On Thursday, February 16, Congressman Mick Mulvaney (R-SC) became the Director of the Office of Management and Budget. That likely means a stripped down first year budget for the new Administration will be released in March. That budget will give the first significant and detailed insight into what the new Administration will do on spending increases for Defense and spending cuts for other departments.
Last Thursday was the same day the Senate Finance Committee held its confirmation hearing for Seema Verma to become the Director of the Centers on Medicare and Medicaid Services, CMS. While making opening comments Senator Hatch described Medicaid as a safety-net programs stating,
“The Medicaid program was designed to be a safety net for the most vulnerable Americans. As such, I understand and value the moral and social responsibilities the federal government has in ensuring health care coverage for our most needy citizens. I am committed to working with states and other stakeholders, and the American public to improve the quality and ensure the longevity of the Medicaid program.”
On the all-important issue of converting Medicaid into a block grant, Senator Dean Heller (R-NV) raised the topic of block grants. He indicated that he is hearing from hospitals in his home state concerned about block granting Medicaid and asked Ms. Verma about her position but she avoided any specifics stating that she would support, “an approach that improves Medicaid.” She also avoided commitments on Medicare especially when asked about raising the age of Medicare eligibility from 65 and avoided any commitment on turning Medicare into a voucher.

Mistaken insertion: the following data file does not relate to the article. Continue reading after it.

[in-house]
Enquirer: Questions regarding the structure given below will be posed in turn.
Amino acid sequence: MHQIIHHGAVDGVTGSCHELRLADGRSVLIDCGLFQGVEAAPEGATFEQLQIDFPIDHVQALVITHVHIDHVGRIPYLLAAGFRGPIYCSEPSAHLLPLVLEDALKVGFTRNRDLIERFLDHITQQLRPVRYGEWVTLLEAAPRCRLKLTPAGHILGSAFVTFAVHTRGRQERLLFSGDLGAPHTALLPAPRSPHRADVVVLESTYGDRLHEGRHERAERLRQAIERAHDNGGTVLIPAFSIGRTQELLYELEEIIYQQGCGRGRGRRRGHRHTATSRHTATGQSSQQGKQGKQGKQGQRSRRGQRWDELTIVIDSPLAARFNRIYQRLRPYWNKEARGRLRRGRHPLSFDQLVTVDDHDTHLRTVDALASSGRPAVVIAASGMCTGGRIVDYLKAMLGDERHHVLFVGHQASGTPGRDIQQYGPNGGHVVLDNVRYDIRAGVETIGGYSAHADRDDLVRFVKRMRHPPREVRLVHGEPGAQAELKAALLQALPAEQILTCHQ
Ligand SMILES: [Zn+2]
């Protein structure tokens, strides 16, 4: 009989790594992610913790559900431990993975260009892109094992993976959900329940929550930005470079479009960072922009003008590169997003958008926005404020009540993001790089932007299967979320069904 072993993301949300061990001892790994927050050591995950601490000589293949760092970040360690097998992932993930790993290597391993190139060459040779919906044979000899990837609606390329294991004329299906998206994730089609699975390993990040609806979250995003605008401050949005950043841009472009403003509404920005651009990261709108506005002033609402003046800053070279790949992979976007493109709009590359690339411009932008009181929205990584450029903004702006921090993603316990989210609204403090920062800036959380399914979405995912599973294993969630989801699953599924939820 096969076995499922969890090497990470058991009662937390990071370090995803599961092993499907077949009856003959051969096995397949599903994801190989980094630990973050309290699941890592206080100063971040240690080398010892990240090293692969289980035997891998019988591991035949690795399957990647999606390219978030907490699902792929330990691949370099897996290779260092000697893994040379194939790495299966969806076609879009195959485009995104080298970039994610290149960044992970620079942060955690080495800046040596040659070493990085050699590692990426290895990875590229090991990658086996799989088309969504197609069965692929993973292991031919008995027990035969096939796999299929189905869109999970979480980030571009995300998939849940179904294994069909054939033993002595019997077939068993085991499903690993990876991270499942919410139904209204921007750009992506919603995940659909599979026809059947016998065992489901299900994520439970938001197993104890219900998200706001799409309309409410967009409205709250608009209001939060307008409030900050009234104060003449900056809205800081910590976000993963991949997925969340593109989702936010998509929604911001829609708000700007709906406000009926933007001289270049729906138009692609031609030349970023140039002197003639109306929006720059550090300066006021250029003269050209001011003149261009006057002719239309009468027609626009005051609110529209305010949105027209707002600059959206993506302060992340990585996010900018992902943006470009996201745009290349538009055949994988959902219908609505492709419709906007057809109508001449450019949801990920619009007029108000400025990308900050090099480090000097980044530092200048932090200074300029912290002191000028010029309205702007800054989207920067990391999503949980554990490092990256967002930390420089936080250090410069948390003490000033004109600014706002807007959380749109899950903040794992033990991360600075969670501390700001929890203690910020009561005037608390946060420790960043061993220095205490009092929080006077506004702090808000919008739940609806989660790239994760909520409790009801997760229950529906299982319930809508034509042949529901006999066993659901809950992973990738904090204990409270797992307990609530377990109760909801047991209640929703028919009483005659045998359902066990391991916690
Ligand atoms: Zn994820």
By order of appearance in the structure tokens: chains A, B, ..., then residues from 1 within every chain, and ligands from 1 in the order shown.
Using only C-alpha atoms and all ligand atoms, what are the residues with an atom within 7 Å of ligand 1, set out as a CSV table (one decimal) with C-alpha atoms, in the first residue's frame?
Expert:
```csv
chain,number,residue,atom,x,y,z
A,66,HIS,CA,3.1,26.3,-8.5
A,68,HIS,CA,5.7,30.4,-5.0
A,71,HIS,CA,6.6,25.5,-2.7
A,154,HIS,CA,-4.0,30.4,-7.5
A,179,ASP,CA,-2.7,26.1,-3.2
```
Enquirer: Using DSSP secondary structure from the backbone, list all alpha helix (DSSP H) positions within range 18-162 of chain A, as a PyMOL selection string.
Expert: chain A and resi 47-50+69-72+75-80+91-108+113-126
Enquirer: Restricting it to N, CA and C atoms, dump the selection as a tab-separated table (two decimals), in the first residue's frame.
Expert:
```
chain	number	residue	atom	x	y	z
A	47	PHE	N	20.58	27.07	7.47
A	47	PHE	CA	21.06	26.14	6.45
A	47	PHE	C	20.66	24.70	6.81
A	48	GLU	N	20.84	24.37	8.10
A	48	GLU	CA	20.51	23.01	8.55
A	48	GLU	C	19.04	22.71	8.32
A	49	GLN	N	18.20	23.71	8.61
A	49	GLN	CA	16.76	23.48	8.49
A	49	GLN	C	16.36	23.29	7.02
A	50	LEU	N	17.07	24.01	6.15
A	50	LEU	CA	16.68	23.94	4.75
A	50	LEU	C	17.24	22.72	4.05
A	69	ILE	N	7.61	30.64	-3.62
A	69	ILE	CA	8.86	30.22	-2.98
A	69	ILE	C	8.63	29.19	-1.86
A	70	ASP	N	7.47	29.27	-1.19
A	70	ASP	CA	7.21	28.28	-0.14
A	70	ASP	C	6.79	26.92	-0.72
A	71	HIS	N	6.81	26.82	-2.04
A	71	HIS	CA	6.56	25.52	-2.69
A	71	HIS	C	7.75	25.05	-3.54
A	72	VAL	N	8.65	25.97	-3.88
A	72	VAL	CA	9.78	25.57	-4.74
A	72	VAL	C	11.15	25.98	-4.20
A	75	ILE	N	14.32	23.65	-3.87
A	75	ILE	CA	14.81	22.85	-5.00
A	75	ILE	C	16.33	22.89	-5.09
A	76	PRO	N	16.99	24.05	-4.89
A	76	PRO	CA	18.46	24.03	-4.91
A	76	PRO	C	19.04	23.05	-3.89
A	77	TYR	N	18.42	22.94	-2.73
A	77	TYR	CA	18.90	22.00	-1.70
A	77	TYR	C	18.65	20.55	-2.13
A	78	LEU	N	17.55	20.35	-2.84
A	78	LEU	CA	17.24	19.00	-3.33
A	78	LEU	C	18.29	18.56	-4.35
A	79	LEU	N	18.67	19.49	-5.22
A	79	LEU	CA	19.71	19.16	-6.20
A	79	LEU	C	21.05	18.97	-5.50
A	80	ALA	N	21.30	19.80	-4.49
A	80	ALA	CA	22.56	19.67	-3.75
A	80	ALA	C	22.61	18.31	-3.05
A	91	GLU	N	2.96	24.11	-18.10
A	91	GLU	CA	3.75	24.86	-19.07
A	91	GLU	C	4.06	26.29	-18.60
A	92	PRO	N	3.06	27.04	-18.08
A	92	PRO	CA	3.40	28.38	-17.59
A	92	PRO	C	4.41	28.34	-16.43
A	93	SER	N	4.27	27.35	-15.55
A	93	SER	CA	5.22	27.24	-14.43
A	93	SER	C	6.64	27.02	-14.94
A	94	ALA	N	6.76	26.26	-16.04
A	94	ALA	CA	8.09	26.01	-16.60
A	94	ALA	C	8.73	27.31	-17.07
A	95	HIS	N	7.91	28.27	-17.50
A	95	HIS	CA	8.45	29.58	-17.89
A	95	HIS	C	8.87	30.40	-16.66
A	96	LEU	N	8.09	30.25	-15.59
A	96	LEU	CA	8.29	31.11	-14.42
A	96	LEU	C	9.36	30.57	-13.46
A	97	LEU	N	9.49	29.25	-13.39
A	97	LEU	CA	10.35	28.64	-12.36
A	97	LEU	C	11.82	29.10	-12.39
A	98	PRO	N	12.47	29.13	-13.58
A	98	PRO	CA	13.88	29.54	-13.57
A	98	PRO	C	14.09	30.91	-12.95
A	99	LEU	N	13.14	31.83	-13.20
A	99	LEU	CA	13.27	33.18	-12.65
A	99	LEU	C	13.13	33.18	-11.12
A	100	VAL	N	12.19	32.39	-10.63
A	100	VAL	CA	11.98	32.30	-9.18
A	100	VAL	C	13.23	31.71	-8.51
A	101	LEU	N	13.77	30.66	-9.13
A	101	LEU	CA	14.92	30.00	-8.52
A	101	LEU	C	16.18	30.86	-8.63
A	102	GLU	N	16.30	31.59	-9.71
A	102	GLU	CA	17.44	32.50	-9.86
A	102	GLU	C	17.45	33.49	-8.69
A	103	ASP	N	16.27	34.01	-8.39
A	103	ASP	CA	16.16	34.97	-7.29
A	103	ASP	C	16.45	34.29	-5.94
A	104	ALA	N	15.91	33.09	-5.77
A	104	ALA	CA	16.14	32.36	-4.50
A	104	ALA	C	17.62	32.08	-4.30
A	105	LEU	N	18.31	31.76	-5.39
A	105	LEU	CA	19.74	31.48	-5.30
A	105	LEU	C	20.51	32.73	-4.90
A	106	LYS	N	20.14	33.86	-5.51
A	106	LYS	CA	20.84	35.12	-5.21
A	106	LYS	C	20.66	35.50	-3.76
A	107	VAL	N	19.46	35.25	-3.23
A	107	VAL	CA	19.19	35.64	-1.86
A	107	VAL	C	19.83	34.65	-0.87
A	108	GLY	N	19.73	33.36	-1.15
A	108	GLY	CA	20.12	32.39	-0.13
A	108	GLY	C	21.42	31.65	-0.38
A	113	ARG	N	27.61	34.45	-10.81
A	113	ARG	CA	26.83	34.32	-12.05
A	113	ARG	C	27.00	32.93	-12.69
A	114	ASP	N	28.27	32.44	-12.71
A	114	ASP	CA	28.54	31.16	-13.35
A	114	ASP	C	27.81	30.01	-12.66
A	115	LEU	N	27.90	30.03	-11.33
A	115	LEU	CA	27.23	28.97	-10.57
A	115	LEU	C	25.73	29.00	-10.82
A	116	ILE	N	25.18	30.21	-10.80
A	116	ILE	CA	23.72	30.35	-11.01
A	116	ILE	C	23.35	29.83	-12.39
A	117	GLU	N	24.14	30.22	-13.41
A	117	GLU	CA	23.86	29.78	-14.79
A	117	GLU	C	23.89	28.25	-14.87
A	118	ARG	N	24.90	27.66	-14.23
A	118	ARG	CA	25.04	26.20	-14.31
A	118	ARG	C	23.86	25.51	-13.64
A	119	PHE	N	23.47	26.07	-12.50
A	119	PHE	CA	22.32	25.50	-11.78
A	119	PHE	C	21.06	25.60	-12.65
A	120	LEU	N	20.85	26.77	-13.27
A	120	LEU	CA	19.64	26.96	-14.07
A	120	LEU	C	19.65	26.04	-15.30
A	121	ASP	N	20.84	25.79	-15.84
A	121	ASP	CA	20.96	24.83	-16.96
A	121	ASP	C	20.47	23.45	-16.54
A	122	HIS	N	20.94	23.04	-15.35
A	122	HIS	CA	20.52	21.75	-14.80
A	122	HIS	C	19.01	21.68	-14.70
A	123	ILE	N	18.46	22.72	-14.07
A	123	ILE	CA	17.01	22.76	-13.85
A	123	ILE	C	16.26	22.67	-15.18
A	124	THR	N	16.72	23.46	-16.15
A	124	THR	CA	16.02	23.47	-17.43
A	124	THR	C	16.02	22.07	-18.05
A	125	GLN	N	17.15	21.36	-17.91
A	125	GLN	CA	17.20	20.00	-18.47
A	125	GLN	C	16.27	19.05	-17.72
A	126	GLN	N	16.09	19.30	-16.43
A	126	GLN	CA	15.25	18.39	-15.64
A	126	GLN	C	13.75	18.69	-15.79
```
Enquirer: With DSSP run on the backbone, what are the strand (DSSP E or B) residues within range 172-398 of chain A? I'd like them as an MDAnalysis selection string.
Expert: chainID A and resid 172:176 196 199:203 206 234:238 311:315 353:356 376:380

In his opening comments, Ranking Member, Senator Ron Wyden (D-OR) focused on some of the recent waivers in Indiana that Verma helped to craft. Some of those changes revolved around restrictions on income and work. He said,
“According to an independent evaluation commissioned by the state of Indiana, more than 2,500 people were bumped from coverage due to a situation like this. I’m also concerned about data from the same report that found more than 20,000 people were pushed onto a more expensive, less comprehensive Medicaid plans because they couldn’t pay or navigate the complicated system Ms. Verma put in place.”
He also went on to say:
“Flexibility for states to pursue policies that work well for them is something I’ve always championed. But I’m in favor of flexibility for states when it helps them do better, not when it helps them do worse. I’m proud to say my home state has one of the leading Medicaid programs in the country – and it just got a renewed waiver. States should not be denied the opportunity to do what they want because they don’t pursue policies like Indiana’s”
CMS has a budget over $1 trillion since it oversees Medicare, Medicaid and the CHIP program. Ms. Verma did not appear to raise some of the ethical issues or questions that Secretary Price encountered so it doesn’t appear her confirmation will run into major roadblocks.